Treasury Secretary Tim Geithner has no shortage of critics but don't expect him to fire back anytime soon.
On the same day that a critical new book by former Federal Deposit Insurance Corp. Chairman Sheila Bair hit shelves, Geithner said he had no plans to write his own memoirs when he steps down from Treasury.
That's too bad. As head of the Federal Reserve Bank of New York and then Treasury, Geithner played a starring role in the government's response to the financial crisis. He owes it to history to give his account of what took place. If for no other reason, he should do it for his own vanity.
The picture that's emerged so far from Bair and others (including former bailout watchdog Neil Barofsky) doesn't portray Geithner in a favorable light. Bair's book, "Bull by the Horns: Fighting to Save Main Street From Wall Street and Wall Street From Itself," labels Geithner the "bailouter in chief" and says he was overly sympathetic to the banks. Bair writes of sparring with Geithner over terms of various rescues, of being cut out of meetings and decision-making and not being treated as a serious partner.
His appointment as Treasury Secretary, Bair writes, was "like a punch in the gut."
The public airing comes at a particularly bad time for President Barack Obama -- so close to Election Day. The book revives a narrative that Treasury and the White House have been trying to tamp down: That Washington favored Wall Street over Main Street.
In addition to accusing Geithner of treating the banks with kid-gloves, Bair skewers him and former Obama economic adviser Larry Summers for their approach to the housing crisis, saying they didn't appear to care about helping homeowners or fixing underlying problems plaguing the housing market.
Treasury's housing-relief program was "designed to look good in a press release, not to fix the housing market," Bair wrote. She says Geithner and Summers undercut Obama by not pursuing a more aggressive program.
Whether intentional or not, the administration's housing programs have been lackluster, making the narrative all the more damning. The housing market is recovering but more because of the Federal Reserve's push to lower interest rates than because of the housing assistance offered by Treasury. The main programs have helped about 2.6 million homeowners, far short of the 9 million Obama promised to help avoid foreclosure.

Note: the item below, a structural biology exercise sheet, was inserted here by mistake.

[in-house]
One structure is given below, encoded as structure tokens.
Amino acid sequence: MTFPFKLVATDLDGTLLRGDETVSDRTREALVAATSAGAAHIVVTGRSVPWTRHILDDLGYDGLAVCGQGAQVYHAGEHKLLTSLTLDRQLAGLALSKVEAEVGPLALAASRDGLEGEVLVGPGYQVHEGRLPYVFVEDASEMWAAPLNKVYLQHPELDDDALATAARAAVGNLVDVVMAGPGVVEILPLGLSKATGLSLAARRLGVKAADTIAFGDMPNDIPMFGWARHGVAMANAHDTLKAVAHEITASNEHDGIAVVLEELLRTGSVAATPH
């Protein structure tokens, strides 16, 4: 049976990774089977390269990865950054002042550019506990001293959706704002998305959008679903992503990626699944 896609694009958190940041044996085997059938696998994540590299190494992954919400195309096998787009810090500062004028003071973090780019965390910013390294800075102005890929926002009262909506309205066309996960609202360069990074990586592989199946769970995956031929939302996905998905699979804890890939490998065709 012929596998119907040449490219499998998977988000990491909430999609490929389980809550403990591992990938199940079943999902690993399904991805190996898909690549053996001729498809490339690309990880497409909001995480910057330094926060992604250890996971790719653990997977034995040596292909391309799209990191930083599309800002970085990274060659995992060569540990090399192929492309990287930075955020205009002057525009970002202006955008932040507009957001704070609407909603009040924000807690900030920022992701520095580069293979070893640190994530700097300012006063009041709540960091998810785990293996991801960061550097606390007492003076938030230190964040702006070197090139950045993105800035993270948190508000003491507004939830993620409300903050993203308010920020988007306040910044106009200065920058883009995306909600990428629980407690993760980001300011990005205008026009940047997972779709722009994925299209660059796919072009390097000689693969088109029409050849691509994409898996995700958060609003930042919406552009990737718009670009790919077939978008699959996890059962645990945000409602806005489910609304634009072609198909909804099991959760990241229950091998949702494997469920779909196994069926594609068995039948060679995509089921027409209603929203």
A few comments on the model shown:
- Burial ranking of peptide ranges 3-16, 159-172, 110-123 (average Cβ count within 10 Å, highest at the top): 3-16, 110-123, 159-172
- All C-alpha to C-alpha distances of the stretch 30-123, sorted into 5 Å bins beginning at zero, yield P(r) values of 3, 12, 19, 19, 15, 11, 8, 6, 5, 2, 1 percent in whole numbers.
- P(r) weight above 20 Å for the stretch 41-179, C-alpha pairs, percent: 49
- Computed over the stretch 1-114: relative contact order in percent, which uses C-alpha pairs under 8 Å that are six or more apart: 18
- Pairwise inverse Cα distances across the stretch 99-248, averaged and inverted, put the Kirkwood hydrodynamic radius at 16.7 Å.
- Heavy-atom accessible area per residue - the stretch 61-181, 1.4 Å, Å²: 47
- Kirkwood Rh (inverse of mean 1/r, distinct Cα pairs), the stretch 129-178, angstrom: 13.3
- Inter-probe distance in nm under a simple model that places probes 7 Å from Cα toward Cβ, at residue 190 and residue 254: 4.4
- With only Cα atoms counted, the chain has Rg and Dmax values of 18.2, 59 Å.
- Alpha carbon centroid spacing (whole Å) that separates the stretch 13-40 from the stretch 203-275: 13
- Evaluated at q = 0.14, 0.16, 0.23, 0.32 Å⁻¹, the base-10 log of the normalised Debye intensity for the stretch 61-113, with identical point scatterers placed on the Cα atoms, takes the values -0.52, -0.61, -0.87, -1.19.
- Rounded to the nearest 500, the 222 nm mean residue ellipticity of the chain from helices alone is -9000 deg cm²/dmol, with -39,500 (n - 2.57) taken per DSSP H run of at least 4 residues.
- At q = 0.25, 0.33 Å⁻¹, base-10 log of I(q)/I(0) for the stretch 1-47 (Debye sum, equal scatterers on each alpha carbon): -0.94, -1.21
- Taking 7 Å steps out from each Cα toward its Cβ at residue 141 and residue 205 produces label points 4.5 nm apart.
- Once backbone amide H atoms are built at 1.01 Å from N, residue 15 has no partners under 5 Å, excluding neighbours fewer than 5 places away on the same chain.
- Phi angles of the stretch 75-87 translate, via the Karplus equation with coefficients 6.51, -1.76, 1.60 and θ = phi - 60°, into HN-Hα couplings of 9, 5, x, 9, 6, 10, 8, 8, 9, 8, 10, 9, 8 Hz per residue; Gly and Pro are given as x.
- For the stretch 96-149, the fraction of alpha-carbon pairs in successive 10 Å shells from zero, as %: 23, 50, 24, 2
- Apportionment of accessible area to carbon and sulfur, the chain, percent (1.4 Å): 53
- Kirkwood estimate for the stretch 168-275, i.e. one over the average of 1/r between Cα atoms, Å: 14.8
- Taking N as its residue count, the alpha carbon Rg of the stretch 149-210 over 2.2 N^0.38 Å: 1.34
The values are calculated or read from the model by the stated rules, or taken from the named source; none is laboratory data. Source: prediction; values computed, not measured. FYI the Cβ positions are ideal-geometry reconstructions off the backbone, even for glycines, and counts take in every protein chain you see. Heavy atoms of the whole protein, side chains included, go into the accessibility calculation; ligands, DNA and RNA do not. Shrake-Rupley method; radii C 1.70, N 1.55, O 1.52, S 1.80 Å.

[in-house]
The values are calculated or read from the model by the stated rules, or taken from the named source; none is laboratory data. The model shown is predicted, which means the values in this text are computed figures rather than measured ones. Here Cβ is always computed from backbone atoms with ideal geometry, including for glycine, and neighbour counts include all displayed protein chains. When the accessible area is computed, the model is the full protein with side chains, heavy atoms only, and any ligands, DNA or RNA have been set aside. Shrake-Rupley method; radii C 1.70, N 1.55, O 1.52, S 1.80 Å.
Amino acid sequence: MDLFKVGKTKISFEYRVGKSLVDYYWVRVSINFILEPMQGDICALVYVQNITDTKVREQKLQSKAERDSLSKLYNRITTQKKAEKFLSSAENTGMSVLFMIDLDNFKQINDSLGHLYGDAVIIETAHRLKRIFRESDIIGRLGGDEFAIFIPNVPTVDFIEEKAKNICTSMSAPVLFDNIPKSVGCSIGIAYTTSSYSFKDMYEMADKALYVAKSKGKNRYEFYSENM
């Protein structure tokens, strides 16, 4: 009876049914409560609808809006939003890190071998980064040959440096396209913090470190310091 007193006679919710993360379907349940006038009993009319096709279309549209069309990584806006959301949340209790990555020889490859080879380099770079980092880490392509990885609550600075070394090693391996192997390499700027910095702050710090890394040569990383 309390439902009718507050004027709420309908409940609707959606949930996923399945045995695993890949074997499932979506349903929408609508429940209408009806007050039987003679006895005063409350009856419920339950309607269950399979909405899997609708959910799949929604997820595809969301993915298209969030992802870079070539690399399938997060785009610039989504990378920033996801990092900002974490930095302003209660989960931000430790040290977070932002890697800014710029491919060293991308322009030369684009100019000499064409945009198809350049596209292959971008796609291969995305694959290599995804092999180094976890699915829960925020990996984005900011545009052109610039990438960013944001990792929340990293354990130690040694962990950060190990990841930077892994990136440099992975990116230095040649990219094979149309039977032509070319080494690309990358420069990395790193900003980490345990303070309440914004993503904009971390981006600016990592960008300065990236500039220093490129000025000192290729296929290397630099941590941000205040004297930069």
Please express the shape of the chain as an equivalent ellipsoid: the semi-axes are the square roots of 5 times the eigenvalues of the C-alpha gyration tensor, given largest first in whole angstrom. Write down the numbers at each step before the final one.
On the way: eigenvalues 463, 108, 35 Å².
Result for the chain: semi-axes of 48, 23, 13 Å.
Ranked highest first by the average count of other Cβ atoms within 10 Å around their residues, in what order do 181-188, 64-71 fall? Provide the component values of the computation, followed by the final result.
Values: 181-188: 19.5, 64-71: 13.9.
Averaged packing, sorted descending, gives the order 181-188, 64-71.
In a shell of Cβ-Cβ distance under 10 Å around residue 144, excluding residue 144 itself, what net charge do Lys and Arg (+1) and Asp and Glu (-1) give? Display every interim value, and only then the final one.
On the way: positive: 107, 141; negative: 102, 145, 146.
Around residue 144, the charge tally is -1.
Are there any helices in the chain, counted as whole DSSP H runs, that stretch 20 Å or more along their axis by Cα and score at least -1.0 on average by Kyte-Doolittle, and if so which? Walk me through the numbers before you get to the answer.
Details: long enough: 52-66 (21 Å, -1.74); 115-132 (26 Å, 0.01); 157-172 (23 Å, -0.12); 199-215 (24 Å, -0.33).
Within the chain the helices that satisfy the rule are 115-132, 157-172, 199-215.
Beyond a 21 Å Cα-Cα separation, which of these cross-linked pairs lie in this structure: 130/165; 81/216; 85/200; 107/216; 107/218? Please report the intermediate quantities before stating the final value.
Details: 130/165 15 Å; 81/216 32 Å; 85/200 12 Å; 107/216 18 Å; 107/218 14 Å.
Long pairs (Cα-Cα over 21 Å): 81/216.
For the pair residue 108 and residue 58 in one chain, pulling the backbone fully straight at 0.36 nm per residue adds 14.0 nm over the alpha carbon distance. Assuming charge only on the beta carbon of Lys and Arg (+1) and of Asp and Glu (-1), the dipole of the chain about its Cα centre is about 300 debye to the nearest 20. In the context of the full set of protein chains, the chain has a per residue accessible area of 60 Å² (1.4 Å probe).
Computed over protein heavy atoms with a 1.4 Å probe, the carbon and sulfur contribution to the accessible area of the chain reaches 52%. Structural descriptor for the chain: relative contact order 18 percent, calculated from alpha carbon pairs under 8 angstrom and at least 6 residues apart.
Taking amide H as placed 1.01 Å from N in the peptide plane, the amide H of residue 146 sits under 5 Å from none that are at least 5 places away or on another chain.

As Bloomberg View has written, Geithner and other administration officials cared too much about avoiding "moral hazard," designing the programs so narrowly that few could actually qualify for help.
Bair's book suggests that those same concerns didn't apply to the banks, who were stuffed with money she says they may not have needed and didn't deserve without fundamental changes to their businesses. (Fed Chairman Ben Bernanke, meanwhile, told the Financial Crisis Inquiry Commission that "only one" of the major banks "was not at serious risk of failure" and that 12 were on the verge of collapse in 2008.)
Bair concedes in the book that the bailouts worked. "The system did not fall apart, so at least we were successful in that, but at what cost?" Bair wrote in an excerpt in Fortune. "We used up resources and political capital that could have been spent on other programs to help more Main Street Americans….It worked, but could it have been handled differently? That is the question that plagues me to this day."
Does that same question plague Geithner? The rescues he and other top officials engineered will have long-term repercussions and influence future generations of policymakers.
"A lot of people are telling my story," Geithner said in New York. He should reconsider his aversion to book-writing and tell his story himself. The American public, which shelled out billions to rescue Wall Street, deserves his explanation.
(Deborah Solomon is a member of the Bloomberg View editorial board. Follow her on Twitter.)
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